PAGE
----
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Characterization of RanBPM Molecular Determinants that Control Its Subcellular Localization

posted on 06.02.2015, 03:00 by Louisa M. Salemi, Sandra O. Loureiro, Caroline Schild-Poulter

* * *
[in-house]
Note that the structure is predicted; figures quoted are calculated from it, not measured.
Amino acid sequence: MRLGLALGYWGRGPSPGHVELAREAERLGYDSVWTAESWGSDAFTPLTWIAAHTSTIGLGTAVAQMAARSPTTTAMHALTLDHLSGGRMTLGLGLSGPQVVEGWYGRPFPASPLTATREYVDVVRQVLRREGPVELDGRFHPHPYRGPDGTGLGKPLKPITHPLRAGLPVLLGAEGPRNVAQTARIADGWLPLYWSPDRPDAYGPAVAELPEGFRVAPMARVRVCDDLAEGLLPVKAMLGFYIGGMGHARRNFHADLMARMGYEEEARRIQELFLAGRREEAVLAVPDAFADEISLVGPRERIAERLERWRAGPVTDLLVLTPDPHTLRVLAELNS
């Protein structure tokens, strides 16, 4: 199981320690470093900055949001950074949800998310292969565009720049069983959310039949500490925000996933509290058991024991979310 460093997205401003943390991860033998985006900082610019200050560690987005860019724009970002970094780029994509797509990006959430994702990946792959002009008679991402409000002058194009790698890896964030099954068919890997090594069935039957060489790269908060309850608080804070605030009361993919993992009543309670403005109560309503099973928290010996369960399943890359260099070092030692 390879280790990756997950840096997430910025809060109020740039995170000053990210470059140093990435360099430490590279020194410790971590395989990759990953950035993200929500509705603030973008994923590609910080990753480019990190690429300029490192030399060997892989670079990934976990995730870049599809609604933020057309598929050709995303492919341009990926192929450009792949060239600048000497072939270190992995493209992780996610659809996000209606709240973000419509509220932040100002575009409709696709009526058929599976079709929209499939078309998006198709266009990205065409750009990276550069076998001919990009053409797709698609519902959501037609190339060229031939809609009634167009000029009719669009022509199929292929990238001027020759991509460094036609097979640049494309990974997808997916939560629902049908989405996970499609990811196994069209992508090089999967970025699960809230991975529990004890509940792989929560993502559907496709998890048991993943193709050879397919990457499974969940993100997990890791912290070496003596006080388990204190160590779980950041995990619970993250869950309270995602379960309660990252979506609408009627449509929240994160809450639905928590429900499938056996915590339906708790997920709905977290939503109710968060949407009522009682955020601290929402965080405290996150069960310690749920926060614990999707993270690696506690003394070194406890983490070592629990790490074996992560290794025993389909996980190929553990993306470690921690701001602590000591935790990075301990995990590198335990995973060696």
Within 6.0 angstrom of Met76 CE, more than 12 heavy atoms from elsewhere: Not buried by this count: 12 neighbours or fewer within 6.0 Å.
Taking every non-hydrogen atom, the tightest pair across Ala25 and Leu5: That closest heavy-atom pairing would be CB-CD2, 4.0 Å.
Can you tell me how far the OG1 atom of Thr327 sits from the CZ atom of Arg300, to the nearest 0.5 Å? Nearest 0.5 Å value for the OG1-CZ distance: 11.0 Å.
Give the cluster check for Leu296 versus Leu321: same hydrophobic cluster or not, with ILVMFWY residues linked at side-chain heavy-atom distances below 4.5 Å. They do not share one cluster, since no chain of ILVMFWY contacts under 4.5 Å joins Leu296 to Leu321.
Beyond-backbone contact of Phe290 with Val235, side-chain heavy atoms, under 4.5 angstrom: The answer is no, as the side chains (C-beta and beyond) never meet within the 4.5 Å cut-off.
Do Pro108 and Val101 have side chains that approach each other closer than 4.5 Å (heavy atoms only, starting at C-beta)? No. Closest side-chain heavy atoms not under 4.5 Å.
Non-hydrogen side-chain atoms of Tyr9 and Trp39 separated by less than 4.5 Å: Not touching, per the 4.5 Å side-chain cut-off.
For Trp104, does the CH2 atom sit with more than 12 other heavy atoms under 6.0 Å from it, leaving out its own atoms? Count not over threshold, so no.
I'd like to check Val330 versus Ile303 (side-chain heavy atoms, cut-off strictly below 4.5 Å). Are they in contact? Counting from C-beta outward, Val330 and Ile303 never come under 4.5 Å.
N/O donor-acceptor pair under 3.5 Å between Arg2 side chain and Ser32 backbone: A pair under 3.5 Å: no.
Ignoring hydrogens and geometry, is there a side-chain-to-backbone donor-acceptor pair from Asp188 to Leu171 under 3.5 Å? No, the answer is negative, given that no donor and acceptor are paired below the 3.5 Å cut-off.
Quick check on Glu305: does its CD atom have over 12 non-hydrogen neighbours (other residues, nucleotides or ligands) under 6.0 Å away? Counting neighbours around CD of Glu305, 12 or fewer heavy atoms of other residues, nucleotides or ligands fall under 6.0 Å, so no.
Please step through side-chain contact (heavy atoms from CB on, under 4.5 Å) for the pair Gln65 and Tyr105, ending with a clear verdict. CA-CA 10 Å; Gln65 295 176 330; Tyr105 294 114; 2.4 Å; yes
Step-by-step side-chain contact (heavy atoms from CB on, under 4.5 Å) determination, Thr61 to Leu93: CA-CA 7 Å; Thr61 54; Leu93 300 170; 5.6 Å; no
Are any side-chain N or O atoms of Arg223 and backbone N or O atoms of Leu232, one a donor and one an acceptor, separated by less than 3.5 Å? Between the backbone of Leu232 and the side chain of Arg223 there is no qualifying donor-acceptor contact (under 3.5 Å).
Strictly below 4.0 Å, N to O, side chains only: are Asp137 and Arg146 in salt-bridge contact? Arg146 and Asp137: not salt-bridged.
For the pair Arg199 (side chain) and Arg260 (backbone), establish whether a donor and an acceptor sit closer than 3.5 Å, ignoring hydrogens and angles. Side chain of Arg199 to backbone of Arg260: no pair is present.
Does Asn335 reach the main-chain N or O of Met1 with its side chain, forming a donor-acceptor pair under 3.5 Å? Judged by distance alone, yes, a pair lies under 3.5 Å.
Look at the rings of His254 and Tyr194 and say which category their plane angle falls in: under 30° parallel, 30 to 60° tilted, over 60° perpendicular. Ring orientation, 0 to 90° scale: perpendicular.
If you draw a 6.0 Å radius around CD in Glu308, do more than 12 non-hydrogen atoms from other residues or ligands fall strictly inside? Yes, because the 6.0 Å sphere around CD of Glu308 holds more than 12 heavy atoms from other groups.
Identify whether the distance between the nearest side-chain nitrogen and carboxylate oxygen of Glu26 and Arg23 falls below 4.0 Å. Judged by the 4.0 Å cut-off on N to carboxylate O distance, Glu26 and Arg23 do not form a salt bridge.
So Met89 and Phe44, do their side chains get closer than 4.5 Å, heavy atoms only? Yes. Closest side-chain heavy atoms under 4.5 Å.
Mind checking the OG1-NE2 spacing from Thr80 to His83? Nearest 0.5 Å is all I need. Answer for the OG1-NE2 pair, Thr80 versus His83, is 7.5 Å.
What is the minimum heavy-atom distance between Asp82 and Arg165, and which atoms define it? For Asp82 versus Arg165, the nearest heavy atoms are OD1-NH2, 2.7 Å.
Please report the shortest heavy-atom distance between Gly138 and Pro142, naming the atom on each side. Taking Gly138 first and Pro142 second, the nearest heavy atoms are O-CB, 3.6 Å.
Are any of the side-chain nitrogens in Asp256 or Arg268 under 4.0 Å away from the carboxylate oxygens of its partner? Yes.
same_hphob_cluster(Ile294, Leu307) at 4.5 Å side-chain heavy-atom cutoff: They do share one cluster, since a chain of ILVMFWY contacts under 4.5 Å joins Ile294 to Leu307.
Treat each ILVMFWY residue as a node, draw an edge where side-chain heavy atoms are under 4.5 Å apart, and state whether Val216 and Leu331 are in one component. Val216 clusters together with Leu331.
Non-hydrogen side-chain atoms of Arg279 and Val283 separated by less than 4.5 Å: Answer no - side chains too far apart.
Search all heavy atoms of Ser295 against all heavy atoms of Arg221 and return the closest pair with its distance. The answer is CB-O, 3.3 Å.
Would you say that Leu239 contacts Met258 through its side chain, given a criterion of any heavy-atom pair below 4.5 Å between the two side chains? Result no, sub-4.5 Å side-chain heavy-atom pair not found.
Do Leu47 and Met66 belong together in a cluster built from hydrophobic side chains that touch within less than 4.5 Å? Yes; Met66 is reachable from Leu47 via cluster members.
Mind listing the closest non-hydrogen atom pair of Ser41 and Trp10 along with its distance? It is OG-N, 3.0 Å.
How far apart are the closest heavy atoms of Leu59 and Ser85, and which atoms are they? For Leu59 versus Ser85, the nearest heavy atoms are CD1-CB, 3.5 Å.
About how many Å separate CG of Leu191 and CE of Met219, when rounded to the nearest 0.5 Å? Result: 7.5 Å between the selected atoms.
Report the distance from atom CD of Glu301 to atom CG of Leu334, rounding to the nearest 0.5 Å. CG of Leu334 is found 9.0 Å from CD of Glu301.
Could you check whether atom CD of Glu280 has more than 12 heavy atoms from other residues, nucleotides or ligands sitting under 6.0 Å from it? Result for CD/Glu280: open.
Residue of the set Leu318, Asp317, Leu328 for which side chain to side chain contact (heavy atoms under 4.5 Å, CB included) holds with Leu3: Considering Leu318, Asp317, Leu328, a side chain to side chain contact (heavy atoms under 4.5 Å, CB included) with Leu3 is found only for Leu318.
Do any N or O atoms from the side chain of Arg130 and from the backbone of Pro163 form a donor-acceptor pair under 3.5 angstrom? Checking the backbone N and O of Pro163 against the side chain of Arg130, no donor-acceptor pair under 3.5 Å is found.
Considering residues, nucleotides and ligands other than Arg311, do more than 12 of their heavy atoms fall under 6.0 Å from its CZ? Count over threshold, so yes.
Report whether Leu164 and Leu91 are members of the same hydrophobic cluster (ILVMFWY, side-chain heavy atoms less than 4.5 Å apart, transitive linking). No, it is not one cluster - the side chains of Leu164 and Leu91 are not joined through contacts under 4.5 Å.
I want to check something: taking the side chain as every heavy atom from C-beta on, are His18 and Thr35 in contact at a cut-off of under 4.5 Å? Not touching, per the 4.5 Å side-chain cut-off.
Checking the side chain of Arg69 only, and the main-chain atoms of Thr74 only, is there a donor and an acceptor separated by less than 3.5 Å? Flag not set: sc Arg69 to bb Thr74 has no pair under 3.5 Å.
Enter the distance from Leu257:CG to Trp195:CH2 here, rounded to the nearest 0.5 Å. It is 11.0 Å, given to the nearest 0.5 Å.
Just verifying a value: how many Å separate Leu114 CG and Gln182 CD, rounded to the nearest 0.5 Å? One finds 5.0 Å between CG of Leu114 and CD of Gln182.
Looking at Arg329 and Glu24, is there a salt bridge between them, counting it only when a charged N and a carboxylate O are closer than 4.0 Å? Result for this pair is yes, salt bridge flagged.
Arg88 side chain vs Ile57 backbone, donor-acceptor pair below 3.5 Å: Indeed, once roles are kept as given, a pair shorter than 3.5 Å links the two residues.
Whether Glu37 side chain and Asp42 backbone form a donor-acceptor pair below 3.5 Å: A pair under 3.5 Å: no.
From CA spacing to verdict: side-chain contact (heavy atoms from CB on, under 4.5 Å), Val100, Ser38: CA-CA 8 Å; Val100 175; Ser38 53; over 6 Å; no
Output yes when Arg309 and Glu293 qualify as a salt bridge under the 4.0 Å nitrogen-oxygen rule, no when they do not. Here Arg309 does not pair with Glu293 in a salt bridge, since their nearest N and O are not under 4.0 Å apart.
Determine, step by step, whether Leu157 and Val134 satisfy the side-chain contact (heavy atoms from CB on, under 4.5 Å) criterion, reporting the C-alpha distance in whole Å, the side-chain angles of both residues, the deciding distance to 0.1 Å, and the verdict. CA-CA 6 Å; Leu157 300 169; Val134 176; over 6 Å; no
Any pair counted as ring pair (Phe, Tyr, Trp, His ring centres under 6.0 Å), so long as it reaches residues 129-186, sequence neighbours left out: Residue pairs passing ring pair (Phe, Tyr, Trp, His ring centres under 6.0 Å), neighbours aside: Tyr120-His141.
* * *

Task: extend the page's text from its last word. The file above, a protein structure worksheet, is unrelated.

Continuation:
RanBPM/RanBP9 is a ubiquitous, nucleocytoplasmic protein that is part of an evolutionary conserved E3 ubiquitin ligase complex whose function and targets in mammals are still unknown. RanBPM itself has been implicated in various cellular processes that involve both nuclear and cytoplasmic functions. However, to date, little is known about how RanBPM subcellular localization is regulated. We have conducted a systematic analysis of RanBPM regions that control its subcellular localization using RanBPM shRNA cells to examine ectopic RanBPM mutant subcellular localization without interference from the endogenously expressed protein. We show that several domains and motifs regulate RanBPM nuclear and cytoplasmic localization. In particular, RanBPM comprises two motifs that can confer nuclear localization, one proline/glutamine-rich motif in the extreme N-terminus which has a dominant effect on RanBPM localization, and a second motif in the C-terminus which minimally contributes to RanBPM nuclear targeting. We also identified a nuclear export signal (NES) which mutation prevented RanBPM accumulation in the cytoplasm. Likewise, deletion of the central RanBPM conserved domains (SPRY and LisH/CTLH) resulted in the relocalization of RanBPM to the nucleus, suggesting that RanBPM cytoplasmic localization is also conferred by protein-protein interactions that promote its cytoplasmic retention. Indeed we found that in the cytoplasm, RanBPM partially colocalizes with microtubules and associates with α-tubulin. Finally, in the nucleus, a significant fraction of RanBPM is associated with chromatin. Altogether, these analyses reveal that RanBPM subcellular localization results from the combined effects of several elements that either confer direct transport through the nucleocytoplasmic transport machinery or regulate it indirectly, likely through interactions with other proteins and by intramolecular folding.